1530s Black Velvet ‘Cranach’ Rock

My second Cranach-style gown, with matching fur-lined Goller, suitable for a noble woman in early 16th century Germany.

When I visited the USA in 1983, I bought some fabric at a ‘by the pound’ place, including three pieces of black silk velvet with an embossed cornelli pattern, which I then hoarded for a Special Occasion.

Silk velvet, synthetic brocade, cotton, metallic ribbon, embroidered velvet. Goller: silk velvet, fur, gold cord, metallic ribbon, gold plated buttons

Four years later, I wanted something new and rich for Midwinter…

Research & Design

The inspiration for this gown came from the many early 16th century Cranach paintings of velvet gowns with brocade guards, including these paintings of Salome and A Woman. I wanted something interesting for the base of the skirt, and found several examples of a deep guard with a zig-zag top, as seen in this Dürer woodcut.

Since the gown was to be worn at Midwinter, it needed to be warm, so I decided to make a fur-lined Goller to match the gown. I wanted to highlight the cornelli design in the velvet on the Goller, to add to the rich effect.


I already had a suitable low-necked gathered Hemd to wear, so I patterned up the bodice, based on some lower class outfits I had made, with the bodice cut in one piece. (I would not do this now!) The major change was a V-shaped back (I can’t recall the inspiration for this). I patterned the sleeve sections, although I planned to make the upper sleeve using separate strips.

Once I had my patterns, I laid them on the velvet pieces to check they would fit, and that the piecing would not be too obvious. As it was, I had a good metre left over!

This also allowed me to estimate how much brocade I would need. In the days before the internet and online shopping, we were restricted to what we could find in the local fabric stores. I finally found some gold and black brocade – a bit too tinsel for my taste, but the only option available.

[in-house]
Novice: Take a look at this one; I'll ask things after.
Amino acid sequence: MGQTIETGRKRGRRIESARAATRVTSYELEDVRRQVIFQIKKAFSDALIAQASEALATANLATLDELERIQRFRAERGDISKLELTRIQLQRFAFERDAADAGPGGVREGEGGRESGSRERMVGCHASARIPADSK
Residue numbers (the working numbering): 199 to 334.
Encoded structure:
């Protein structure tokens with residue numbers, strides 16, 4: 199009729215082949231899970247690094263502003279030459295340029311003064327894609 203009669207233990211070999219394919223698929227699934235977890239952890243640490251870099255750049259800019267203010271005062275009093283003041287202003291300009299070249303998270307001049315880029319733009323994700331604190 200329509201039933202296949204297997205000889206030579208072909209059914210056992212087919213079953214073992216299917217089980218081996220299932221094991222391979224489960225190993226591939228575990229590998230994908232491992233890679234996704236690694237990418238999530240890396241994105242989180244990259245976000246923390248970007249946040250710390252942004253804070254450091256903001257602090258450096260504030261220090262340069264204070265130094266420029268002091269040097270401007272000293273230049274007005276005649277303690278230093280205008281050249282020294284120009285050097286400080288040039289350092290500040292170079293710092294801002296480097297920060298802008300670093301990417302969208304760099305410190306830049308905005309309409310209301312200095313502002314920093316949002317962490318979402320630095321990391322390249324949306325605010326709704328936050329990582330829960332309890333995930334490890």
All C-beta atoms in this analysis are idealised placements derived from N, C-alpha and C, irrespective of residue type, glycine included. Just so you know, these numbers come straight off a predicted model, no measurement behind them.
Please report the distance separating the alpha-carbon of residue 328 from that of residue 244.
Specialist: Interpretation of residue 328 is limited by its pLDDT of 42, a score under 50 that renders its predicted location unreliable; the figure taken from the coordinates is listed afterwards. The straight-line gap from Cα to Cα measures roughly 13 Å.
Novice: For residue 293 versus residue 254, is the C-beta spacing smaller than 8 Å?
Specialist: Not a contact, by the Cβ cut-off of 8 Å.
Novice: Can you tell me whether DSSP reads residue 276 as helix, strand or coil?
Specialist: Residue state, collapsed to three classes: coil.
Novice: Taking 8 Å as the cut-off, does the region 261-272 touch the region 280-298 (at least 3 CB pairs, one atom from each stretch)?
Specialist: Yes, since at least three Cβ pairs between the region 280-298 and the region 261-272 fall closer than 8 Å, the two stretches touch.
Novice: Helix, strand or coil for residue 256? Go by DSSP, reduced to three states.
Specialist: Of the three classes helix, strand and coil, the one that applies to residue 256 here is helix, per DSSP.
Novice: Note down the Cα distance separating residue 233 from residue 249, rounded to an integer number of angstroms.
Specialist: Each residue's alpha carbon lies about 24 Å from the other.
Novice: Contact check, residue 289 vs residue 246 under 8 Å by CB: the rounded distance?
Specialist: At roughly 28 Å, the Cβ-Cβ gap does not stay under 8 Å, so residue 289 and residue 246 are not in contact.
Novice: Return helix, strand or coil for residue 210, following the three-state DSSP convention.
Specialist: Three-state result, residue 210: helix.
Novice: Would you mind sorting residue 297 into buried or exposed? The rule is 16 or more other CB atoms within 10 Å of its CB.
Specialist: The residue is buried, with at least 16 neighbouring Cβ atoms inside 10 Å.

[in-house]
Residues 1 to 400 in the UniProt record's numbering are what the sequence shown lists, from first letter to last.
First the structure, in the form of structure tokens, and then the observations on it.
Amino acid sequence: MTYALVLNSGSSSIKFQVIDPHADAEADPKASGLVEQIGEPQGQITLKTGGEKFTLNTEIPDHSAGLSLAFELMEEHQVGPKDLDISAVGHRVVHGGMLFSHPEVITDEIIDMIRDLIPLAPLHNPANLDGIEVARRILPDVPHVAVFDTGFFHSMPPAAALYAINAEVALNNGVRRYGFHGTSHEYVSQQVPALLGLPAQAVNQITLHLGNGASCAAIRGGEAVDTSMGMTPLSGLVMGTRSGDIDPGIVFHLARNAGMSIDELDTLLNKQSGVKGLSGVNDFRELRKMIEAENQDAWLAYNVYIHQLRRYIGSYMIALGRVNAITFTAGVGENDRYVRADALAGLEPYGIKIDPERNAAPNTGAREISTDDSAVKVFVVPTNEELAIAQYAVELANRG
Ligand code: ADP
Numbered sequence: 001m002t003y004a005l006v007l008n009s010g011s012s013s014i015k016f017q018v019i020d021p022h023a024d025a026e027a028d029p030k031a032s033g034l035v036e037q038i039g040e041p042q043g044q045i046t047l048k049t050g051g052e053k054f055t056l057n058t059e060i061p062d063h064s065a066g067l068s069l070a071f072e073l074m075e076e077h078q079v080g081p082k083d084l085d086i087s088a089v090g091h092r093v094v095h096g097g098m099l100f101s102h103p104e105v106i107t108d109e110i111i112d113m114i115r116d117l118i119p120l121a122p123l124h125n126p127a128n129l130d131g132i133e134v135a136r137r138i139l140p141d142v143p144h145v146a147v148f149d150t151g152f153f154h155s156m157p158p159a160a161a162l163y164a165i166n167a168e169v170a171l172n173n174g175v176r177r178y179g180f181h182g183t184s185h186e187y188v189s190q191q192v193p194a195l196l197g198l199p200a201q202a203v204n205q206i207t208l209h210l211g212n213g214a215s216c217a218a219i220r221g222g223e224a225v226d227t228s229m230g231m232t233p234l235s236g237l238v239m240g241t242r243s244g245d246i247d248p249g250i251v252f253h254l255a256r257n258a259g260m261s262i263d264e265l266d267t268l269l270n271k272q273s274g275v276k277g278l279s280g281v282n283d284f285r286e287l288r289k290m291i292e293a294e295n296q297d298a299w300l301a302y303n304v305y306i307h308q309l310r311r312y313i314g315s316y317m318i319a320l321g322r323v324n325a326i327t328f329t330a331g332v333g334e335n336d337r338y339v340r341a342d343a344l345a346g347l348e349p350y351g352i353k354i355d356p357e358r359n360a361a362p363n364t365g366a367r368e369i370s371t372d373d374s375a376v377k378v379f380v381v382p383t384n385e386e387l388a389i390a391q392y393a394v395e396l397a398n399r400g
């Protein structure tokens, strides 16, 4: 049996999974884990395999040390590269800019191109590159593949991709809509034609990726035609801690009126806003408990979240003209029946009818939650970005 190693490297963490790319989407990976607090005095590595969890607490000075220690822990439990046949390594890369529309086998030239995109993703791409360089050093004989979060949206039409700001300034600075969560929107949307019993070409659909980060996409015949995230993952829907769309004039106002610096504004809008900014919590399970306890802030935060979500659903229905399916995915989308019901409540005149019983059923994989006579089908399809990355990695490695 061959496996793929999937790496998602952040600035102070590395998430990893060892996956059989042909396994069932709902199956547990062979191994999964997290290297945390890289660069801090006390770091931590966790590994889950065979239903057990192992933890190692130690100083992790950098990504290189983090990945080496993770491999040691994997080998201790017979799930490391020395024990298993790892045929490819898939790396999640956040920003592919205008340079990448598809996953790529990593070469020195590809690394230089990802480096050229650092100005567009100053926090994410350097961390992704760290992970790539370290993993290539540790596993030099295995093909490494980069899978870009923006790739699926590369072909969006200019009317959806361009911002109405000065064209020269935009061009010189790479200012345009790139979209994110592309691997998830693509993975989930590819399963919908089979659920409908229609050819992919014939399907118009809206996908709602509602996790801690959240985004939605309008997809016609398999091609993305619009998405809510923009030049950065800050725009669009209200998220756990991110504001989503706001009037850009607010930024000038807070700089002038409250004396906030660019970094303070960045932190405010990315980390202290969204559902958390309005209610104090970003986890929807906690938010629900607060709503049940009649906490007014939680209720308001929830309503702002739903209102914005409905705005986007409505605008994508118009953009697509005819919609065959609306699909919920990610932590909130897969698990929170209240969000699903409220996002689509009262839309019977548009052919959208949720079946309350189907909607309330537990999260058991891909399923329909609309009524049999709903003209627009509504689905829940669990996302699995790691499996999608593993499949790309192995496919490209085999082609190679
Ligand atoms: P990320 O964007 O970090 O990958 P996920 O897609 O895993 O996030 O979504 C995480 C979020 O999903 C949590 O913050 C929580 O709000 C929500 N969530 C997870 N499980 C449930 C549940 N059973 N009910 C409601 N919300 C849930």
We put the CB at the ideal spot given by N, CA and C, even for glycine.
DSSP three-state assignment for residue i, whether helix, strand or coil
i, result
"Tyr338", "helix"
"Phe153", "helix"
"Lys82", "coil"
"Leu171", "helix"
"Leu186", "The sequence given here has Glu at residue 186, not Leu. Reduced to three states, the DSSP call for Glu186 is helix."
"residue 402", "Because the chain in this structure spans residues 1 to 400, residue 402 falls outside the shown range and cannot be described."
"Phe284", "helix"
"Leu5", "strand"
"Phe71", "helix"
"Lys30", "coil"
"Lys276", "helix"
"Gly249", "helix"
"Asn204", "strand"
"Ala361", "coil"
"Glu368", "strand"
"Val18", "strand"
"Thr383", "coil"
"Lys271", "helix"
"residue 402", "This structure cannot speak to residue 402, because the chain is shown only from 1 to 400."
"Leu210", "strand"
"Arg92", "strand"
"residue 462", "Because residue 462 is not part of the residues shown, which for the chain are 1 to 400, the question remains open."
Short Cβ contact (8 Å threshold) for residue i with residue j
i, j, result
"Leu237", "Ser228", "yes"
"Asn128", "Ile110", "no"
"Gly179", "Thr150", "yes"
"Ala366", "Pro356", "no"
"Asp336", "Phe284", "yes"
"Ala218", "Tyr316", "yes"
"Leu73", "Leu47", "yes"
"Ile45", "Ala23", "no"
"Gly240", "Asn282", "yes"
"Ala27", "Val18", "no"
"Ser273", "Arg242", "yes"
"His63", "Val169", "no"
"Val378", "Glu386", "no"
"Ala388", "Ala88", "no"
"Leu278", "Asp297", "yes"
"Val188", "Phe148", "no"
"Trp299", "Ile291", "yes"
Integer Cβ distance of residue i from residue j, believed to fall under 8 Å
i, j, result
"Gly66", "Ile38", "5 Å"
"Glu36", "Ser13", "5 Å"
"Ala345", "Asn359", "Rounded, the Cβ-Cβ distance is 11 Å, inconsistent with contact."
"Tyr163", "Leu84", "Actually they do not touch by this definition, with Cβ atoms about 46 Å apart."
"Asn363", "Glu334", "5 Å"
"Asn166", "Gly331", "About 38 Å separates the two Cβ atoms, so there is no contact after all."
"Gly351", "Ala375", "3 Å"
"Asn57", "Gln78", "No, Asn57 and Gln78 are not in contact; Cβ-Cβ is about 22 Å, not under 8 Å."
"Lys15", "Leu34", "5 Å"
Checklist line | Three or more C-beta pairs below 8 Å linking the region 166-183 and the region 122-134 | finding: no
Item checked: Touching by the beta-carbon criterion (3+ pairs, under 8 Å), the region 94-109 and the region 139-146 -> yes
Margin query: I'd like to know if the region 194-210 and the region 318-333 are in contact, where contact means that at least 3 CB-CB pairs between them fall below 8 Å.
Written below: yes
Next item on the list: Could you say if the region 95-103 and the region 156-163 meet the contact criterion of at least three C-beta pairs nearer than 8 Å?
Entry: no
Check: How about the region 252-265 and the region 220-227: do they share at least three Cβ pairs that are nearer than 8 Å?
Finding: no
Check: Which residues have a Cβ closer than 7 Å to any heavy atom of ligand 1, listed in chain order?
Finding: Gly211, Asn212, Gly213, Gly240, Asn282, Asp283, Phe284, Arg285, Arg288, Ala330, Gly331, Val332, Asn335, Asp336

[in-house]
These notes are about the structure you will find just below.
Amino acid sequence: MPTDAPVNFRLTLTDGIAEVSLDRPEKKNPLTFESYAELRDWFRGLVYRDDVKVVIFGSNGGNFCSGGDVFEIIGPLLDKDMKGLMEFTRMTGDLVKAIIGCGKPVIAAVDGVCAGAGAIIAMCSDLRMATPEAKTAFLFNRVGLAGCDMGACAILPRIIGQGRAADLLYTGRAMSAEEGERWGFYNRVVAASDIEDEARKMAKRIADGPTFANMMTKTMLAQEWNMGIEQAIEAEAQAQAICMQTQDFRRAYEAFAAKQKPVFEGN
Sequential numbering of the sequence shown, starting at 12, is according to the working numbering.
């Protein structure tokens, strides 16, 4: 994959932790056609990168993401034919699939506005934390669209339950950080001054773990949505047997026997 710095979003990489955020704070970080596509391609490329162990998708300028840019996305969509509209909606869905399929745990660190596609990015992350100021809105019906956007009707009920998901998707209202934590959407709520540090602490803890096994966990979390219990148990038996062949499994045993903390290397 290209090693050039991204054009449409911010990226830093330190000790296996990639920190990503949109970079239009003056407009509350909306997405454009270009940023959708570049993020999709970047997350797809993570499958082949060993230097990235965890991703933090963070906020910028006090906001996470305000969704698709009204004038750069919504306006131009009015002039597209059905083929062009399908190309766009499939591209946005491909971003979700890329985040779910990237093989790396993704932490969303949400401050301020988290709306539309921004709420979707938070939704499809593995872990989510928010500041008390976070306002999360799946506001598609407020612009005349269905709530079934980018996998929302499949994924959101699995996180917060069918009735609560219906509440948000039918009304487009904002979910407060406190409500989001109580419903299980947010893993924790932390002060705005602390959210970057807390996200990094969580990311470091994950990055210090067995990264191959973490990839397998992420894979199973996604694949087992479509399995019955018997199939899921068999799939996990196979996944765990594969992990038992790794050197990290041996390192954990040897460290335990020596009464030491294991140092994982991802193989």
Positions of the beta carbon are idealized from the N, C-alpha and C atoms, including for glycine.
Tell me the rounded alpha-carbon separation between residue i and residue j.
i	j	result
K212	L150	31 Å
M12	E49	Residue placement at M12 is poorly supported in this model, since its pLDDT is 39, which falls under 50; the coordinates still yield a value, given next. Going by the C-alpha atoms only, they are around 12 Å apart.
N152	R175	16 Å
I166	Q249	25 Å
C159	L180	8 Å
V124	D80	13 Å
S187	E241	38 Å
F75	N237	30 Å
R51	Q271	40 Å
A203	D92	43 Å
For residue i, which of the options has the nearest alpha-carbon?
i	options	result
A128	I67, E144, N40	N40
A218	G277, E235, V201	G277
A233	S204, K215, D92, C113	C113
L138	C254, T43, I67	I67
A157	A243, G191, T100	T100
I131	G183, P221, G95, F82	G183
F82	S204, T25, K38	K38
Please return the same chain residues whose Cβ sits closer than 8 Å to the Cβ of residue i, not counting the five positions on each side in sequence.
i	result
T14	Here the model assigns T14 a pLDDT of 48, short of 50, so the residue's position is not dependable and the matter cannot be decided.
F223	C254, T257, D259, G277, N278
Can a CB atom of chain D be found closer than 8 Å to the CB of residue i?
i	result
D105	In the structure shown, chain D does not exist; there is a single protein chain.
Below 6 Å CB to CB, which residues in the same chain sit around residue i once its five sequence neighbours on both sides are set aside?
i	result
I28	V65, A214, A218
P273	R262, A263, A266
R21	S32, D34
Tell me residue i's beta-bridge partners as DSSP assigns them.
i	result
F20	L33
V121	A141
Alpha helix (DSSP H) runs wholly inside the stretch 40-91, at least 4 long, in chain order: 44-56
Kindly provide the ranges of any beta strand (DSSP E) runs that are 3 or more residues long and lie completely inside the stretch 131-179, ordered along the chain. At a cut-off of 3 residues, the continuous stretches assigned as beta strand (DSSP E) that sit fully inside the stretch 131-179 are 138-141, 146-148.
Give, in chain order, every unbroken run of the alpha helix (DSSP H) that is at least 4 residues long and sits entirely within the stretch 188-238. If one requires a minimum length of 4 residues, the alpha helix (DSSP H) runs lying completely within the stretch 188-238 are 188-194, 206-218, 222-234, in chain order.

I attached the guards on the bodice, sleeves and skirt with machine zig-zag (to reduce fraying), then sewed narrow gold braid along the edge of the brocade to hide the construction.

Knowing no better, I knife-pleated the skirt into the bodice, with a piece of grosgrain ribbon supporting the pleats across the open front. And the Brustfleckt I made from a second-hand Indian purse, densely embroidered in gold purl in a believable pattern – so lush!


It was going to be cold, so I wanted a Goller. I patterned this based on the layout in Köhler (1963) – I was much taken with idea of the excised diamond to shape the neck. Köhler referred to examples made of rich fabrics and lined with fur, which was ideal for this purpose.

I decorated the Goller by couching down fine gold cord into the cornelli pattern in the fabric, running it over the seams to hide them, then edged it all with the gold braid. I lined it in mink, cut from a second-hand mink coat I had bought from a charity store. So warm!


I would pattern and construct this outfit SO differently now, but for the time it was a great piece and it lasted very well.

In 2002, 15 years after I made this gown, the Principality of Lochac became a Kingdom. Since I was making my husband a lush Elizabethan, I needed to manage my time. I decided to renovate this gown and wear it to the big event. I needed to tidy and stabilise the brocade in several places and deal with the worn hem by adding a new black velvet guard, but that was all. I made a new petticoat and new hat and was pleased it still looked good!

In 2010, 23 years after it’s first outing, I wore it to celebrate 30 years since the start of Australian SCA group. These days I no longer wear it, but have packed it away with a few other important ‘keepsake’ outfits.